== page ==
There is a one way valve at the diaphragm pump that is in the Forepeak which is on the other side of the WT Bulkhead at the end of the Master Cabin on the far right of these photos and this valve seals off the drain lines you see here so there is no concern about noise or smell.
Down in the Basement Cihan continued plumbing the in-floor heating system. Hot Supply water manifold is up at the top and colder white/blue manifold below. He has finished plumbing the main Supply/Return lines on the right and has them all insulated in black EPDM to reduce heat loss as the water flows to and from the in-floor heating system from the DHW Domestic Hot Water system.
Now he needs to mount the three 2 speed Circulation Pumps, one for each Zone/Cabin’s loops of PEX in-floor tubing.
Cihan had previously fabricated the mounts for each pump and bolted them to the vertical frames of this WT Bulkhead with the Guest Cabin on the other side.
Each pump has its own Hot Water line from the Supply manifold so they were plumbed next. Third Supply line going in here.
Some of you inquired about the PPR type plumbing being used for all our potable/drinking water onboard and so I grabbed this action shot of Cihan and Celal using the thermal welding tool to join the PPR pipe to its fitting on the right.
The aluminium arm extending out of the welding tool has two fittings on the end, the one on the right side slides into the female end of the fitting and the other fitting goes over the male end of the pipe on the left. Wait a few seconds while the PPR melts then pull the tool out and slide the pipe into the fitting. Done!
Very different than with PVC piping which uses liquid glue to melt/weld the joints but same idea of welding the plastic parts together and creates a permanent leak free joint.
Close to finished now and ready for the Supply/Return PEX lines to be run from here to and from each in-floor heating zone which we should see happening next week.
However, does this drawing that just showed up in the Master Cabin help you figure out what DID happen this week?
Maybe this close up of the drawing will help?
Aha! The drawing is Yiğit’s latest work of coming up with the ideal routing of the continuous loop of 15mm / 5/8” PEX tubing which has to wind its way through all the floor areas while carefully snaking around the tank access lids and furniture foundations.
There is also a minimum bending radius of 6X the PEX tube diameter so 6 x 15 = 90mm/3.5” so Yigit used a 180mm circle to layout all each of the bends where the PEX turns around and doubles back.
Adding to the challenge, you also want the beginning Supply end of the PEX loop, which is in the Upper Left corner of the drawing, to go through the areas where you want the most heat and you want to have more tubing per square cm in these areas which in this case is the floor of the Shower and Head/Bathroom in the Upper Right. I had mapped out the basic routes but it was quite the Tetris or Rubik’s Cube like puzzle for Yigit to solve. As you can see he did so brilliantly as usual.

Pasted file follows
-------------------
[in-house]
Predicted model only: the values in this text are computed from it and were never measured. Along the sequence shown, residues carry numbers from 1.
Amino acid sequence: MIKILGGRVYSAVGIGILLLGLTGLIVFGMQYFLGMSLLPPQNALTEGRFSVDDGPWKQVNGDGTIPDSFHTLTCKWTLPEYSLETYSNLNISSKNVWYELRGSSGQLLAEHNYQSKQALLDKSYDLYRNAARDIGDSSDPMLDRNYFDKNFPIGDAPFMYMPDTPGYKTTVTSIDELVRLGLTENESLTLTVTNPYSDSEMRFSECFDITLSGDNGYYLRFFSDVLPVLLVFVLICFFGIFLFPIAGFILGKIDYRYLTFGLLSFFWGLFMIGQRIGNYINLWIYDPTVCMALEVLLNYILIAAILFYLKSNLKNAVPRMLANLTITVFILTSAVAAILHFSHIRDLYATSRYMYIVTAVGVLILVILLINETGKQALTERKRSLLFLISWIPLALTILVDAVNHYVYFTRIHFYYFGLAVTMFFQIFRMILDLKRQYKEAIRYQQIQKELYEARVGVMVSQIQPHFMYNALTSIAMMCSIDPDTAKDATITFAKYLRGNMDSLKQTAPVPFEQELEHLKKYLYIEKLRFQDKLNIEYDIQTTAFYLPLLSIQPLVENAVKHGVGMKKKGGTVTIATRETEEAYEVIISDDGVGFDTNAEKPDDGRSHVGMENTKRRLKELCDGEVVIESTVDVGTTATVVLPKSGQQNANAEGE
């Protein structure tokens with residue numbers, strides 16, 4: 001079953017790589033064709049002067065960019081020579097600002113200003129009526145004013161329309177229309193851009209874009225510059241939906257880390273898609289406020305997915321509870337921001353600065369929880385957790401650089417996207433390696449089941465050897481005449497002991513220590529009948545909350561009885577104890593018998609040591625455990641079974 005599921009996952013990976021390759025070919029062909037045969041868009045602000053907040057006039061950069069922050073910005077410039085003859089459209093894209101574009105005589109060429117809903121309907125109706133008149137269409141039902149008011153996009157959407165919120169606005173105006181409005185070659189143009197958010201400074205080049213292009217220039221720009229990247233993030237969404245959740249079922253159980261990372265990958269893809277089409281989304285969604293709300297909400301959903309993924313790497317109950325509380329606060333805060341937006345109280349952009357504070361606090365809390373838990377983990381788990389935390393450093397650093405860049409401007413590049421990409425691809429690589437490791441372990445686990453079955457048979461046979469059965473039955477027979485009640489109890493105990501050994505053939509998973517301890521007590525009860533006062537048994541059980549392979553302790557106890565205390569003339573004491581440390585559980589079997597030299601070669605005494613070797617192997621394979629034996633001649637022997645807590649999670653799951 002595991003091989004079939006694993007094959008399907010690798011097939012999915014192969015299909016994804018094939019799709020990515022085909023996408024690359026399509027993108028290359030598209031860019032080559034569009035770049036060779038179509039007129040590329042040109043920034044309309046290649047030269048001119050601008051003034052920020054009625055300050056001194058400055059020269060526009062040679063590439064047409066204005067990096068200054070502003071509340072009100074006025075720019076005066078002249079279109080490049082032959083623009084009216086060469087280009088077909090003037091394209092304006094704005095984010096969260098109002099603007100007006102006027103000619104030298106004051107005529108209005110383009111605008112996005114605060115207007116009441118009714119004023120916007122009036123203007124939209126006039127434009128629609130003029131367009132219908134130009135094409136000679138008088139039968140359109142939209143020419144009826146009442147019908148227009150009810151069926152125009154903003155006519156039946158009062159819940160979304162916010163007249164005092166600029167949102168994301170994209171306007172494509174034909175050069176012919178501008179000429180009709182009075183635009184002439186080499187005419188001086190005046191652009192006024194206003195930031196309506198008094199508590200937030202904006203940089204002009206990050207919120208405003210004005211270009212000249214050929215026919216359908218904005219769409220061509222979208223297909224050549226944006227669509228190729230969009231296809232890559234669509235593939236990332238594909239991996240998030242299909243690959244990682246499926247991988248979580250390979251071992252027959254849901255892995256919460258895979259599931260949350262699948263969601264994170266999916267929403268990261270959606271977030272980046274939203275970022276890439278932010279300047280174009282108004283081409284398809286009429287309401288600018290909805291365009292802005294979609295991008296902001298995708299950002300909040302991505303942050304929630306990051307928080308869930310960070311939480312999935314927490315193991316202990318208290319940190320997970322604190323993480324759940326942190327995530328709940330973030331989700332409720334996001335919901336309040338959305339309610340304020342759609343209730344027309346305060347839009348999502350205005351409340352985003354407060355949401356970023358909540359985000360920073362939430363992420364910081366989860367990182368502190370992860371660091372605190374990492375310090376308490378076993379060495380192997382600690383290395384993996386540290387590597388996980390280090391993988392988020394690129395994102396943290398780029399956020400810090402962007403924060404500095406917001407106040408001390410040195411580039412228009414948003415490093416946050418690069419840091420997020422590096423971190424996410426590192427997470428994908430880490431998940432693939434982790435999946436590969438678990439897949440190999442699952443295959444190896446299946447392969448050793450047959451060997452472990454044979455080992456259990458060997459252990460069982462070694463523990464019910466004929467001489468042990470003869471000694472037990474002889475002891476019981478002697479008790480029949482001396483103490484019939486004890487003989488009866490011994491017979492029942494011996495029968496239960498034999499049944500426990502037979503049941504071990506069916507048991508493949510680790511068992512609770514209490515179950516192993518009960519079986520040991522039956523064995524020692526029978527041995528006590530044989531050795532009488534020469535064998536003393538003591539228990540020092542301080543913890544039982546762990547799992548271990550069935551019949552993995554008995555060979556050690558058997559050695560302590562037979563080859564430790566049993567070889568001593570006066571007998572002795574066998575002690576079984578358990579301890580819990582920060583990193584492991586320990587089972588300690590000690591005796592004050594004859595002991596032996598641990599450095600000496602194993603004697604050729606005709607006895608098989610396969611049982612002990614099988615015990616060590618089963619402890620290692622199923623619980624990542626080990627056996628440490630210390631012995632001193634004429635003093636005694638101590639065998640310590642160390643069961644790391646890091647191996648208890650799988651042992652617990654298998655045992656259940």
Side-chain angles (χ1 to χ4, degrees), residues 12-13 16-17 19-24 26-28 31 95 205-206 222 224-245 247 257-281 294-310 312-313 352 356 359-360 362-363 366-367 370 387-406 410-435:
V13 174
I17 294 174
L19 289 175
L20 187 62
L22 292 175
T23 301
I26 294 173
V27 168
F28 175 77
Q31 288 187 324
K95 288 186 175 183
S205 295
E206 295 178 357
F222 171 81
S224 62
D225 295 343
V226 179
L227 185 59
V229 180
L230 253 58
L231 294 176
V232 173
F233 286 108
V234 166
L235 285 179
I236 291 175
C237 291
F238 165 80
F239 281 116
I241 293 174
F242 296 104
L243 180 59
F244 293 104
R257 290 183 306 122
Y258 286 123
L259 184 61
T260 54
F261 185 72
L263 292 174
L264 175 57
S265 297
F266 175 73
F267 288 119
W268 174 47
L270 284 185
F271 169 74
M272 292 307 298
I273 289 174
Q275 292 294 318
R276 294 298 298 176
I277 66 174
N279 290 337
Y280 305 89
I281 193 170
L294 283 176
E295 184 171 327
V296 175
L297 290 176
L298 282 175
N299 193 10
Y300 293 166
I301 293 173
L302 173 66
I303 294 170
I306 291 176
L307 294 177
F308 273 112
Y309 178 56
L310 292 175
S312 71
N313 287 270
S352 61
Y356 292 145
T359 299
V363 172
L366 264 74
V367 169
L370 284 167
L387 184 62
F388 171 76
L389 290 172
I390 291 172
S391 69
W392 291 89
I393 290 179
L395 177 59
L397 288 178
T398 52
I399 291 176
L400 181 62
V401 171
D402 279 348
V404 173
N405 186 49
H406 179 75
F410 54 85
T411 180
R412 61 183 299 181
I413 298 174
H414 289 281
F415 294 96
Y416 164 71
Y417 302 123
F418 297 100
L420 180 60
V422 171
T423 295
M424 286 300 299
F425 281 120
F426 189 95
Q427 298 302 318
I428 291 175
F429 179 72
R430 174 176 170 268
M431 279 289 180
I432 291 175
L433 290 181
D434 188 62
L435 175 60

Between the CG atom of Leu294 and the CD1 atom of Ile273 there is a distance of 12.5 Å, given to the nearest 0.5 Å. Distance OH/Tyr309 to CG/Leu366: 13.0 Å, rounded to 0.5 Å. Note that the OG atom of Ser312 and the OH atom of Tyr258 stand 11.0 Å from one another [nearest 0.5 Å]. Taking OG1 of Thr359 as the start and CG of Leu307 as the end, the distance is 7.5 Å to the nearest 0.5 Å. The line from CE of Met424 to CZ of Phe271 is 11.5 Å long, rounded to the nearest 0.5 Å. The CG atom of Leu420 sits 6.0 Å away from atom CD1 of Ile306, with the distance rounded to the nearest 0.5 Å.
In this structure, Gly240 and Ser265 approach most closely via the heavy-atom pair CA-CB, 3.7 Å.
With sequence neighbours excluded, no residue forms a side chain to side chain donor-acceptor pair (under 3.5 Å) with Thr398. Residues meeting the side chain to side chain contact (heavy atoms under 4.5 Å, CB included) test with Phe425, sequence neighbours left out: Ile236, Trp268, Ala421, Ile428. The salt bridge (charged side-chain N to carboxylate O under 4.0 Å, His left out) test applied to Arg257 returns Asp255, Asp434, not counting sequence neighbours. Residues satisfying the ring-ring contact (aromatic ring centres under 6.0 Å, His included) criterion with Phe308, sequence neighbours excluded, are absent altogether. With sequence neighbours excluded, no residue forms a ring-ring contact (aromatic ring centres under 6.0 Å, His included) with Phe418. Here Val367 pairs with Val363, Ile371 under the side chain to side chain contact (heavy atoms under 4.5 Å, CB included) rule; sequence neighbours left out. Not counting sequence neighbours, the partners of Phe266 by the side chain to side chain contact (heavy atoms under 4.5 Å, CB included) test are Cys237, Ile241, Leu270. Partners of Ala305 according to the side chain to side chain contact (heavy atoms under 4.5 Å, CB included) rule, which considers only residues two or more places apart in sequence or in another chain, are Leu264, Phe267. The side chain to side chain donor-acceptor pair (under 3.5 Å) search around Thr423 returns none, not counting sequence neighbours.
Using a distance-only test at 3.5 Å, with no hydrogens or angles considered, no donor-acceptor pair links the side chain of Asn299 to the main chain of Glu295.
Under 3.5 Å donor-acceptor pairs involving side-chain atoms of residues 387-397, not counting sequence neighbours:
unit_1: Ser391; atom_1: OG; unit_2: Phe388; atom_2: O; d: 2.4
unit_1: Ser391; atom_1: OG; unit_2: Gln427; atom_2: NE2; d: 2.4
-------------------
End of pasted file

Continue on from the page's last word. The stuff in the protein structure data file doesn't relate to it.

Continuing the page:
Once he had the route all figured out Yigit then printed out the centerline of this route in full size sheets and Omur and Selim are now carefully laying them out and taping them accurately in place on the rigid foam board floors.
With the paper route lines all taped in place they are ready to start cutting the U-shaped grooves in the rigid foam floor boards with a small handheld router.
The foam board chips created with the high speed router bit makes quite a mess so Selim follows the router with the vacuum which made for a very clean operation and easy to follow the line with the router.
Here is where they left off by end of the day Friday. They will finish the routing next week and line the grooves with aluminium foil tape to increase the radiation of the heat upward into the 10mm/ 3/8” plywood floor which will attach to the white epoxy perimeter foundations.
GALLEY GARAGES & SUPERSALON CABINETRY:
However Selim and Omur where mostly busy this past week with an even more exciting bit of progress as they completed the vacuum bag gluing of the Rosewood veneer to the Galley Garages you saw last week.
Here is a stack of our Ro$ewood veneer awaiting their turn to be carefully selected and taped into matching grain patterns for the lower half of the wall panels and other cabinetry throughout the boat.
Costly and time consuming in the eXtreme? You bet but in our eyes and souls at least the beauty is even more eXtreme and something we will be looking at for decades to come so an easy to make investment decision for Christine and me.
See what you think as you see the completed results in the coming weeks.
As you saw last week, all three sides of these Galley Garages, including their doors are laminated at the same time inside the vacuum bags and then they carefully cut through all the slots around each door.
With the doors released they can apply the Beechwood veneer to all the inner surfaces and route around all the solid Rosewood edges and fit them to each of their respective Garage openings.
Which is what Selim is doing here as I enlist his help to give you a bit of a preview of what’s to come from the work of these master craftsmen.
Just wait till you see these swirling waves of grain patterns pop when they come out of the Finishing spray booth!